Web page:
Sony Cyber-shot H5 Review
The Cyber-shot DSC-H1 was Sony's first foray into the increasingly crowded compact, image stabilized 'super zoom' market, and it was a very successful one too. The DSC-H5 (along with little brother the DSC-H2) arrived almost exactly a year later in February 2006. The H5 is notable as the first 'big zoom' compact camera to feature a 7 megapixel sensor (a new Sony 1/2.5" CCD), and for its huge 3.0" screen. Otherwise the specification is pretty much the same as the H2, itself a fairly subtle update to the original H1 - no bad thing given the very high standards set by that model. Let's start with the headline features:
- 7.2 million effective pixels
- 36-432mm equivalent (12x optical) F2.8-3.7 Carl Zeiss Vario-Tessar zoom lens
- Super Steady Shot optical image stabilization
- Wide ISO 80-1000 range
- Clear RAW™ noise reduction technology
- 3.0” LCD (230,000 pixels) & 0.2" (200,000 pixel) Electronic viewfinder
- Full photographic control
- Real Imaging Processor & 14-bit DXP A/D Conversion
- Optional wide and tele lens converters
- Scene selection (7 modes)
- Histogram indication
- 32MB internal memory, plus a Memory Stick/PRO Duo slot
Note that the majority of the descriptive text in this review is taken directly from the DSC-H2 review, as the cameras are functionally identical.
Cyber-shot DSC-H5 vs DSC-H2
The H2 and H5 are essentially the same camera with a few important differences:
- Higher resolution sensor (7MP versus 6MP)
- Larger LCD screen (3.0 vs 2.0 inch)
- Higher resolution screen (230k vs 85k pixels)
- Black body option (H2 is silver only)
- Slightly heavier than H2
As shown above the H5 (left) and H2 (center) are physically identical (save for the body color) from the front - the only difference on the back is the screen size. Shown for comparison is the original H1 (right).
Unlike the H2 (and H1 before it), the H5 is manufactured in two colors. The silver version is - at the moment anyway - only available if you buy directly from Sony via its Sony Style online store.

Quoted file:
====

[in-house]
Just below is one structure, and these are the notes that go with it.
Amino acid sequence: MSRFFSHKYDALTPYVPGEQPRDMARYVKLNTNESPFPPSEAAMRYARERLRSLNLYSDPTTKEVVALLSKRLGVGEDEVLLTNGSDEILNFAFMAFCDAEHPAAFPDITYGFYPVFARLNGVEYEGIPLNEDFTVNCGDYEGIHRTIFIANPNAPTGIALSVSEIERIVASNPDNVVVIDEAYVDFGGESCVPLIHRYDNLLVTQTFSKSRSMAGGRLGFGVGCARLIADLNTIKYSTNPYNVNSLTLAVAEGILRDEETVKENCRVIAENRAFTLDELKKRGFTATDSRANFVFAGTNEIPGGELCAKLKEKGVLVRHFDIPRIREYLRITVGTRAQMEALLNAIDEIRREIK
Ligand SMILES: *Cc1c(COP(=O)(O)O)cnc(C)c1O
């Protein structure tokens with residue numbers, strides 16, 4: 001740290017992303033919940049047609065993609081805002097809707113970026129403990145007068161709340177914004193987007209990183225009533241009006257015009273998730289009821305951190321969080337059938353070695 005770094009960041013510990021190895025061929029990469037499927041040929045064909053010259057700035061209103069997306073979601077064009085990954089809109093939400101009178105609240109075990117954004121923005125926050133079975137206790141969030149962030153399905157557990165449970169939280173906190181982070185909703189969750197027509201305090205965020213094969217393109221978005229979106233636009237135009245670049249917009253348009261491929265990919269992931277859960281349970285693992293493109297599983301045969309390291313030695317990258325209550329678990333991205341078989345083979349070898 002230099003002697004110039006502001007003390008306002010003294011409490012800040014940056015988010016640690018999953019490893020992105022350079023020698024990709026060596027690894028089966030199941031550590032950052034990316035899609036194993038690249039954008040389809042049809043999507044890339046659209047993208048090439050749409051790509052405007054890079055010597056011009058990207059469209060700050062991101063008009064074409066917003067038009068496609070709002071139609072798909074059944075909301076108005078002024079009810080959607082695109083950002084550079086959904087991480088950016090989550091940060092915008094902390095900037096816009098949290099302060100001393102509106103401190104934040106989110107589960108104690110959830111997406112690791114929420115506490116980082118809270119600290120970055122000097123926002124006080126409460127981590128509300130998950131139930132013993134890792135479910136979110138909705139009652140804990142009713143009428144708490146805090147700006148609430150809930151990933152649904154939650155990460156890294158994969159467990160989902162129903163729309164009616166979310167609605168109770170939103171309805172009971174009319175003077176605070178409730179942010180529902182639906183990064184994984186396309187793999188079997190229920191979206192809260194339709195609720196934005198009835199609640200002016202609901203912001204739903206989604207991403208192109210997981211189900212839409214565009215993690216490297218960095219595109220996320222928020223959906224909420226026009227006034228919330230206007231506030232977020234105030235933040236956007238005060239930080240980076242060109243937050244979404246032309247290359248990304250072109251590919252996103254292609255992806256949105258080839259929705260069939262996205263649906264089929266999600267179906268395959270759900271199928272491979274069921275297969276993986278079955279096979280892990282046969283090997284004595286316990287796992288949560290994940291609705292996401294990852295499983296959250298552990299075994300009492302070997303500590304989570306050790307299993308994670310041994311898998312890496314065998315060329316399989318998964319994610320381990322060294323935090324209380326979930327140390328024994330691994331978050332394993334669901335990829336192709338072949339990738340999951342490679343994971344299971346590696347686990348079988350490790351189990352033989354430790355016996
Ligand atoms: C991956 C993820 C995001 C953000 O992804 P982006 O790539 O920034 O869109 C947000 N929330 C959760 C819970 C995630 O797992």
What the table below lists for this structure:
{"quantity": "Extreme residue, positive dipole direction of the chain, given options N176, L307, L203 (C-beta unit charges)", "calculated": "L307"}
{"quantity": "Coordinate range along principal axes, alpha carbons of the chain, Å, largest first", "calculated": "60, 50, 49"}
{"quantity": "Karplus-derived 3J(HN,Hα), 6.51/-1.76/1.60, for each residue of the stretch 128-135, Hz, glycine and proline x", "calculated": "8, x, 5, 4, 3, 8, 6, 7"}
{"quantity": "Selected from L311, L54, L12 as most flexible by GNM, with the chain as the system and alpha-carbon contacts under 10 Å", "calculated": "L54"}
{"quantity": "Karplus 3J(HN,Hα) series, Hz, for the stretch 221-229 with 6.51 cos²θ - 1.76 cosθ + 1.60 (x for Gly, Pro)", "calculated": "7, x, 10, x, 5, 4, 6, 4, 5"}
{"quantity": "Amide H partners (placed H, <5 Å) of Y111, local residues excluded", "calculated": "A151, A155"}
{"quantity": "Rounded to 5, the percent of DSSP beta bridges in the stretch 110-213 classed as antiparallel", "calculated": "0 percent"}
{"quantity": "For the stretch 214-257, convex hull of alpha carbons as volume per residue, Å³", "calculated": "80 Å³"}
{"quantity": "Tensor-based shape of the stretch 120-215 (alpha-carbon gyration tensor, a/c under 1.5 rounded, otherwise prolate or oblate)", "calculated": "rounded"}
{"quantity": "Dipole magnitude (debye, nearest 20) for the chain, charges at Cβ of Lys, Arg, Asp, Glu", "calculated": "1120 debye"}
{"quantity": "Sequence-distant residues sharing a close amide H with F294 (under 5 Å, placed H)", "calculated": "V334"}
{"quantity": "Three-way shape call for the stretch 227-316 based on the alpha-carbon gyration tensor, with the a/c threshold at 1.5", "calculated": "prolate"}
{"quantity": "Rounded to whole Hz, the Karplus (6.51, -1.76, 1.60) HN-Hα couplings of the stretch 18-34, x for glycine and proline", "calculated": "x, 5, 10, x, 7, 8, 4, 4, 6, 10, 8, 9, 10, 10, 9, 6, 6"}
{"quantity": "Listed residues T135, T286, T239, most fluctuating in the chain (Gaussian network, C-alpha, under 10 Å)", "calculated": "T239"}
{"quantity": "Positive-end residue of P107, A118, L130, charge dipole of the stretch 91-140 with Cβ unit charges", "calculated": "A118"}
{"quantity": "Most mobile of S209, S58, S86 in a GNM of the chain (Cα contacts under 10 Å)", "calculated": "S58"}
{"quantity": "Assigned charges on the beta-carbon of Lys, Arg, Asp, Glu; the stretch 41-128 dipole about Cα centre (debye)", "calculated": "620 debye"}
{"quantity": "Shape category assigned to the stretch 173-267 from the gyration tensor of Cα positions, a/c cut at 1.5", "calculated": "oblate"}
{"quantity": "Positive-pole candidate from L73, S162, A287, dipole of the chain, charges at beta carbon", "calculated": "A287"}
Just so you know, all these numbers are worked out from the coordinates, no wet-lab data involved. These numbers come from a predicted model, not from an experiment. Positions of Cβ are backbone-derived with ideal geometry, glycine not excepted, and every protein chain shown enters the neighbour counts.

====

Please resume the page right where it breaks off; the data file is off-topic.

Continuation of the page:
DSC H-5 key specifications
|Street price|| US: $470
|Body Material||Metal and plastic|
• 1/2.5 " Type CCD
• 3072 x 2304
• 640 x 480 @ 16 / 30fps (30fps requires MS Pro Duo)
|File formats||• Still: JPEG
• Movie: MPEG VX
• 36-432mm equiv
|Image stabilization||Super SteadyShot® (moving lens element type)|
|Digital zoom||• 2x (24x total)
• Up to 57x Smart Zoom (dependent on selected resolution)
|Focus||• Manual (with focus aids and magnification)
|AF area modes||• 3 Area Multi-Point AF
• Center AF (selectable)
• Flexible spot AF
• Contrast detect
|AF assist lamp||Yes|
|Focus distance||• Normal: 50cm (19.7 in) min
• Macro: 2cm (0.74 in)
|Metering||• Multi-pattern (49 zone)
• Center weighted
|ISO sensitivity||• Auto
• ISO 80
• ISO 100
• ISO 200
• ISO 400
• ISO 800
• ISO 1000
|Exposure compensation||• +/-2EV
• 1/3 EV steps
|Exposure bracketing||+/- 0.3, 0.7, 1.0 EV|
• 1/4 - 1/2000 sec. (Auto)
|Aperture||F2.8 - 8.0 (wide), F3.7 - 8.0 (tele)|
|Scene modes||• Twilight
• Twilight Portrait
• High-speed shutter
• High sensitivity
|Self timer||• 10 or 2 secs|
|Continuous shooting|| 7 Shots at 1.1fps (7.2MP JPEG fine)
100 Shots at 1.4 fps (640x480 JPEG std)
|Image parameters|| Saturation (3 levels)
Contrast (3 levels)
Sharpness (3 levels)
Color effects (Sepia, Black and White, Vivid)
• Auto, On, Off, Slow synch, Red-eye reduction
• Range (ISO Auto): 1’ to 29’ 3" (0.3-9.0m) (Wide)
• Range (ISO Auto): 35.5 ’ to 22 ’ 4 " (0.9-6.8m) (Tele)
• Range (ISO 1000): 2’ 11" to 52’ (0.9 -16m) (Wide)
|Viewfinder||• 0.2" EVF
• 201K pixels
|LCD monitor||• 3.0-inch TFT
• 230K pixels
|Connectivity||• USB 2.0 high speed
• AV out
|Print compliance||PictBridge, DPOF, PIM III|
|Storage||• Memory Stick Duo / Pro Duo compatible
• 32MB internal memory
|Power||• 2x NiMH batteries
• Ac adaptor (optional)
|In the box*|| DSC-H5 camera
NH-AA-DB Rechargeable AA Batteries,
BC-CS2 Battery Charger and Cord
A/V and USB Cables
Lens Cap Strap
Lens Adapter Ring
|Other features|| Real Imaging Processor
Clear RAW NR
Filter Diameter: 58mm (with supplied Adapter Ring)
Optional Flash units, converter lenses, filters
|Weight (inc batt)||554 g (1 lb 4.3 oz)|
|Dimensions||113.2 x 83 x 94 mm (4.6 x 3.3 x 3.7 in)|
* Supplied accessories may differ in each country or area
Images have appeared which claim to show Nikon's forthcoming D850 DSLR, the development of which was announced this week. If genuine, the pictures indicate that the D850 will offer illuminated controls and a tilting LCD screen, but no built-in flash.
To celebrate the Daguerreotype Achromat 2.9/64 lens' successful Kickstarter campaign, Lomography has announced a chrome-plated version of the lens in Nikon and Canon DSLR mounts.